Apsona’s new merge tool allows you to quickly generate Word, Excel and email directly from your Salesforce org. You can generate end-of-year tax summaries and thank-you letters to your donors, or a proposal or quote to your customer, as a Word document. You can choose to send donors an email via a HTML template if you want to go paperless. And you can also render your pledged and posted donations into a multi-sheet Excel report, complete with charts and pivot tables. All of this functionality is included in one package – Apsona Document and Mail Merge.

    Here are some of the key benefits of the Apsona merge add-on.

    • Entirely browser-based:  The merge process works entirely within your browser, and has no interaction with any external services. So your data never leaves your browser. This is unlike many competing products, which typically ferry your data over to the vendor’s server and carry out the merge process there.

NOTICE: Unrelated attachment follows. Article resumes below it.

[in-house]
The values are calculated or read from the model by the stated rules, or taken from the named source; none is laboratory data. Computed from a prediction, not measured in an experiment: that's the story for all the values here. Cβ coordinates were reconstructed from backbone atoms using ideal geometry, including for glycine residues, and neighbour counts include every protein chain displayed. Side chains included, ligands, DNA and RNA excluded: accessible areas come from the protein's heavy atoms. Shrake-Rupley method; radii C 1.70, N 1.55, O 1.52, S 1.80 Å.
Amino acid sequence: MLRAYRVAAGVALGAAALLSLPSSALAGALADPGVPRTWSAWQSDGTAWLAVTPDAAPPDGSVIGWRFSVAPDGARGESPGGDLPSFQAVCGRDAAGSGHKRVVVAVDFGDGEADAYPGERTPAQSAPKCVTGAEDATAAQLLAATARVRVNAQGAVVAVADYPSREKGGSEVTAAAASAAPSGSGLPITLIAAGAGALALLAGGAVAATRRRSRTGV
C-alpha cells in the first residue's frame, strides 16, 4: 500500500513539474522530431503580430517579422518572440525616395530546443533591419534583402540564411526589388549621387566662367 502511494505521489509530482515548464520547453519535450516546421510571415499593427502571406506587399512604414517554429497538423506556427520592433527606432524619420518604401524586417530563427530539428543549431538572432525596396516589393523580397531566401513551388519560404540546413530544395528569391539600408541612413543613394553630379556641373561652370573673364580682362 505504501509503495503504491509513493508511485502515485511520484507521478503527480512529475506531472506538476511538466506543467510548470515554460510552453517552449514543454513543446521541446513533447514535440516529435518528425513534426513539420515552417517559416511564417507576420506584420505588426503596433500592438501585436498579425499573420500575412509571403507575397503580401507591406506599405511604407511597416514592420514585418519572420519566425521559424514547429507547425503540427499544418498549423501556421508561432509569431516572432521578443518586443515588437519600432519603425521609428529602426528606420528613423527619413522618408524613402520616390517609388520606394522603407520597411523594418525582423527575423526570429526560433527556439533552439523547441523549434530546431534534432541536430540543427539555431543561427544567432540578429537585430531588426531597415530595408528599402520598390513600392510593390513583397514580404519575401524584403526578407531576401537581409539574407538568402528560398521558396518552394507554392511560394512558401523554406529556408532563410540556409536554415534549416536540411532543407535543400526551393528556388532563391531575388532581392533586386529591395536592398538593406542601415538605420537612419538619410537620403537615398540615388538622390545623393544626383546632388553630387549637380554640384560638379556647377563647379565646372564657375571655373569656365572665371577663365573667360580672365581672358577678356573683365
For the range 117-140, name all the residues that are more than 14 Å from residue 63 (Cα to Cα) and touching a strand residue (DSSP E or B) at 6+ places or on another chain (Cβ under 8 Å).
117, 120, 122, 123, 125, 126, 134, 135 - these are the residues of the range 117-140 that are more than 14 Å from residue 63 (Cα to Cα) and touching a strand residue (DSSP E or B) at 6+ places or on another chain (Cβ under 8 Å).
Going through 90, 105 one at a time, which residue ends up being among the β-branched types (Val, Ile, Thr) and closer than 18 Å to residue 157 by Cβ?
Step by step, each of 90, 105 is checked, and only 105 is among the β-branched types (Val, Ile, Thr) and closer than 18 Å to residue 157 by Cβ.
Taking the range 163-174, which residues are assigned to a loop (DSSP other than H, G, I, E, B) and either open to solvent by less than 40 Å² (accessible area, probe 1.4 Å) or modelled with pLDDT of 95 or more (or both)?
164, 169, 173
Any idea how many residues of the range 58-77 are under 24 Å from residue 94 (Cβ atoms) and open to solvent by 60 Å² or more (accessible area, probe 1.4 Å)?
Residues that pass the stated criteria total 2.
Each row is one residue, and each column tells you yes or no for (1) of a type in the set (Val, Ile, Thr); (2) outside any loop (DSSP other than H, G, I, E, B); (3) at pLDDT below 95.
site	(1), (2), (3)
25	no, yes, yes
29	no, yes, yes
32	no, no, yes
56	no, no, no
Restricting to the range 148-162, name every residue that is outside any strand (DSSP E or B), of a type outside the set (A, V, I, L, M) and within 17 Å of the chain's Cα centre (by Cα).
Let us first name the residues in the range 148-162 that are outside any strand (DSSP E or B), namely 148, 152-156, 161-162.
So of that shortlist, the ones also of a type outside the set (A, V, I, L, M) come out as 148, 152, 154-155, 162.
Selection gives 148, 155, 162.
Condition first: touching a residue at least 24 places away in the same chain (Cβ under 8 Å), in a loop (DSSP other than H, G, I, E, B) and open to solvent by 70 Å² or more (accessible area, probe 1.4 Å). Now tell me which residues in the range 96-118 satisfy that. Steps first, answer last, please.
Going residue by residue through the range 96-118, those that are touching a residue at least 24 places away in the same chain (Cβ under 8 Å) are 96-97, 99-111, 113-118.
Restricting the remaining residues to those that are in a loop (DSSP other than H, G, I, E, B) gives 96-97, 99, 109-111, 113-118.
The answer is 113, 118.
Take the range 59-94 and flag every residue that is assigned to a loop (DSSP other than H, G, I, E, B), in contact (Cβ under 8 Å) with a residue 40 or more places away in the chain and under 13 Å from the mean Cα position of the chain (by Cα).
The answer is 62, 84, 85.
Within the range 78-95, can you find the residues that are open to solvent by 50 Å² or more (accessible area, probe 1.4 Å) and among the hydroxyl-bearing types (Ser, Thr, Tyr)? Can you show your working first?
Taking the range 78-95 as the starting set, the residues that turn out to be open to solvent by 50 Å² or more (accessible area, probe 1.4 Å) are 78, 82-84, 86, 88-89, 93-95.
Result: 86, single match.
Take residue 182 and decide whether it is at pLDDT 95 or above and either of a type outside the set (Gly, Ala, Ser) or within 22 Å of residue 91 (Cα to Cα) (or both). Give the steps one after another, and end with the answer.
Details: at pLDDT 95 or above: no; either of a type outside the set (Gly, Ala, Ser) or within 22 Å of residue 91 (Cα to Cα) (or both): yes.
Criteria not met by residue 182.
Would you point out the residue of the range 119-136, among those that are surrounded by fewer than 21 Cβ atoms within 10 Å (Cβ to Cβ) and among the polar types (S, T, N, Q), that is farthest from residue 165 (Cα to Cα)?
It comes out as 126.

• Flexible field naming in templates: Template building is quick and easy: you don’t need to adhere to any particular naming convention of Salesforce field names. When you create the template, you simply make up any field names you want, and Apsona will discover those names and let you match them with data fields.
    • Compatible with existing templates: If you have already created document templates for competing products, Apsona’s merge tool can usually use them directly with no change.
    • Powerful data retrieval ability: You can leverage Apsona’s powerful reporting capabilities as the data source for the merges. Data can be retrieved directly from a Salesforce object, or from any Apsona report – single step or multi-step. Thus you can combine fields from multiple objects into one template. You can even include calculated (aggregate) fields such as total donation amount in the last six months, or the most recent gift date last year – calculations that might not be available through roll-up fields. Filters can be added to an existing merge on the fly.